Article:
It has been written previously on this blog that we should engage more with literary fiction, in particular examples which highlight the barriers to implementing human rights effectively. Given the events of this year in Ireland, I thought I would recommend a book which captures the sense of chronic political failure and the insidious, veiled corruption that has left people bewildered by the actions of bankers and developers, and their own acquiescence in allowing this to happen. So my recommended reading over Christmas is the novel To Each His Own, by Leonardo Sciascia, a Sicilian crime novel which scared me more than anything else I have read in that genre, and not because of the crime.
As outlined in an introduction by W.S. de Piero in the New York Review of Books, although a mafia novel, this is not in fact about the mafia. The story opens with an anonymous letter posted to Manno, an innocuous pharmacist in a small Sicilian town. The letter is a death threat although no reason is specified, and as the news of the letter spreads, there is general bewilderment as to what the pharmacist could possibly have done. No-one really believes such an inoffensive man could deserve this, and the conclusion is that it is a joke, or as Manno himself uneasily posits, someone is simply jealous of his hunting skills. But when Manno and his friend Dr Roscoe go out hunting, they are both killed.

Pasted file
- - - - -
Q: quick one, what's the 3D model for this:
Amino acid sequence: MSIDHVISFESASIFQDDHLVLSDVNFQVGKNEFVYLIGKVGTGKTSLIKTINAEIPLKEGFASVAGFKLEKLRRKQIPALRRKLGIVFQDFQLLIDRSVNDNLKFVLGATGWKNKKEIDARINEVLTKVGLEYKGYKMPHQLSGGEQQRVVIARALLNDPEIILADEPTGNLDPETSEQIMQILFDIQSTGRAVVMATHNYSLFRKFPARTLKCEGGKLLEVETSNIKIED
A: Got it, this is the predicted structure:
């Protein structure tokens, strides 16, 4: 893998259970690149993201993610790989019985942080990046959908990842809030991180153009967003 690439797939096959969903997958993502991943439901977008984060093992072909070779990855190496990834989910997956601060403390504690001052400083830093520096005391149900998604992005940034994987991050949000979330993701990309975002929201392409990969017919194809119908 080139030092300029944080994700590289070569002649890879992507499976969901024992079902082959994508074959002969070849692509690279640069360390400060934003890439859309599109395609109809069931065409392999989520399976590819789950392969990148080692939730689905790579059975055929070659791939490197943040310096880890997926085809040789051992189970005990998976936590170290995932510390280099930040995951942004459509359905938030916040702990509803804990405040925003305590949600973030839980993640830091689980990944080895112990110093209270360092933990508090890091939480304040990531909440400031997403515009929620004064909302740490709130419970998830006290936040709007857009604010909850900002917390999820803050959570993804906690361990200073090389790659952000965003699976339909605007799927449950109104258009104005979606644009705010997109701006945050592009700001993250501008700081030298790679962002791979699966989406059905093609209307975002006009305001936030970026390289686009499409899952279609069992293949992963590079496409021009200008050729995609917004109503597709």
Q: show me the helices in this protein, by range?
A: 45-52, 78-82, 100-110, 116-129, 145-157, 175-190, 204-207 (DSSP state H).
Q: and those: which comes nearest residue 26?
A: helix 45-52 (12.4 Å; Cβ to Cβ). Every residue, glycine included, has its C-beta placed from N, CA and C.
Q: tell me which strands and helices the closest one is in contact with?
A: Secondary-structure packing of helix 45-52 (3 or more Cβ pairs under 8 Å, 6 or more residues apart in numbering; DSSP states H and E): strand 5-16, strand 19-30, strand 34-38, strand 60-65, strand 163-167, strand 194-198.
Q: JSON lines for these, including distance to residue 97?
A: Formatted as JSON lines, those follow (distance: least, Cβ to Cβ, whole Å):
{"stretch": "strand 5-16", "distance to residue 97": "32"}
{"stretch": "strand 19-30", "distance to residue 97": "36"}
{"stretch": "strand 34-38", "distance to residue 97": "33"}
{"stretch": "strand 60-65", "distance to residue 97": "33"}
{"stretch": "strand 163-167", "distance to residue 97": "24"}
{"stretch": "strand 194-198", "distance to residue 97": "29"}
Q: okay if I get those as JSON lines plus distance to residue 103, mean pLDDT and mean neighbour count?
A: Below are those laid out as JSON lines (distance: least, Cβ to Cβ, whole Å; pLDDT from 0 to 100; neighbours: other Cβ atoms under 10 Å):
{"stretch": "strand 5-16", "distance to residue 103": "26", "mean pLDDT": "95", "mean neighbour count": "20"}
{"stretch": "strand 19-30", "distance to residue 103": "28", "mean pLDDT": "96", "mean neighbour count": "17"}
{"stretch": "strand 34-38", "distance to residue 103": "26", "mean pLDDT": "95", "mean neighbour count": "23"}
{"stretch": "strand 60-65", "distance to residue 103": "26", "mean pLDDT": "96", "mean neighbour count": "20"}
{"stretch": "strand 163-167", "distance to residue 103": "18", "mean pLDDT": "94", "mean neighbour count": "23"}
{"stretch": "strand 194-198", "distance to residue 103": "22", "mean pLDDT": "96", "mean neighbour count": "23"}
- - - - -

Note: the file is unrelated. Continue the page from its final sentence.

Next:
Rumours sweep the village, and a picture of Manno as an adulterer is constructed. The schoolteacher Laurana is the only sceptic as to this explanation, and he takes on the role of amateur detective. Rational and naive, Laurana starts to track the origins of the letter, and the sense of terrible collusion grows with each gain in his investigation.
Commentators point to the book’s transcendence of the crime genre, although many struggle to put their finger on what exactly Sciascia has done in this novel. However I like this quote from the Occasional Review blog: “its power lies in the fact that, as the professor conducts his desultory researches, the novel slowly takes in the entire society and, finally, implicates it in the crime, even as very few people are revealed to be guilty of anything.”
Beyond the surface crime, the aim of the book is to examine Italian society’s passivity towards corruption. For example, de Peiro comments on one of the characters, Rosello: “we learn that the lawyer Rosello, one of several cronies who gather daily in the piazza to trade gossip and philosophize on the state of things, has major business interests and is tied up in what people assume to be marginally but negligibly criminal enterprises. But he’s most admired for his political canniness.” Sounds familiar to me.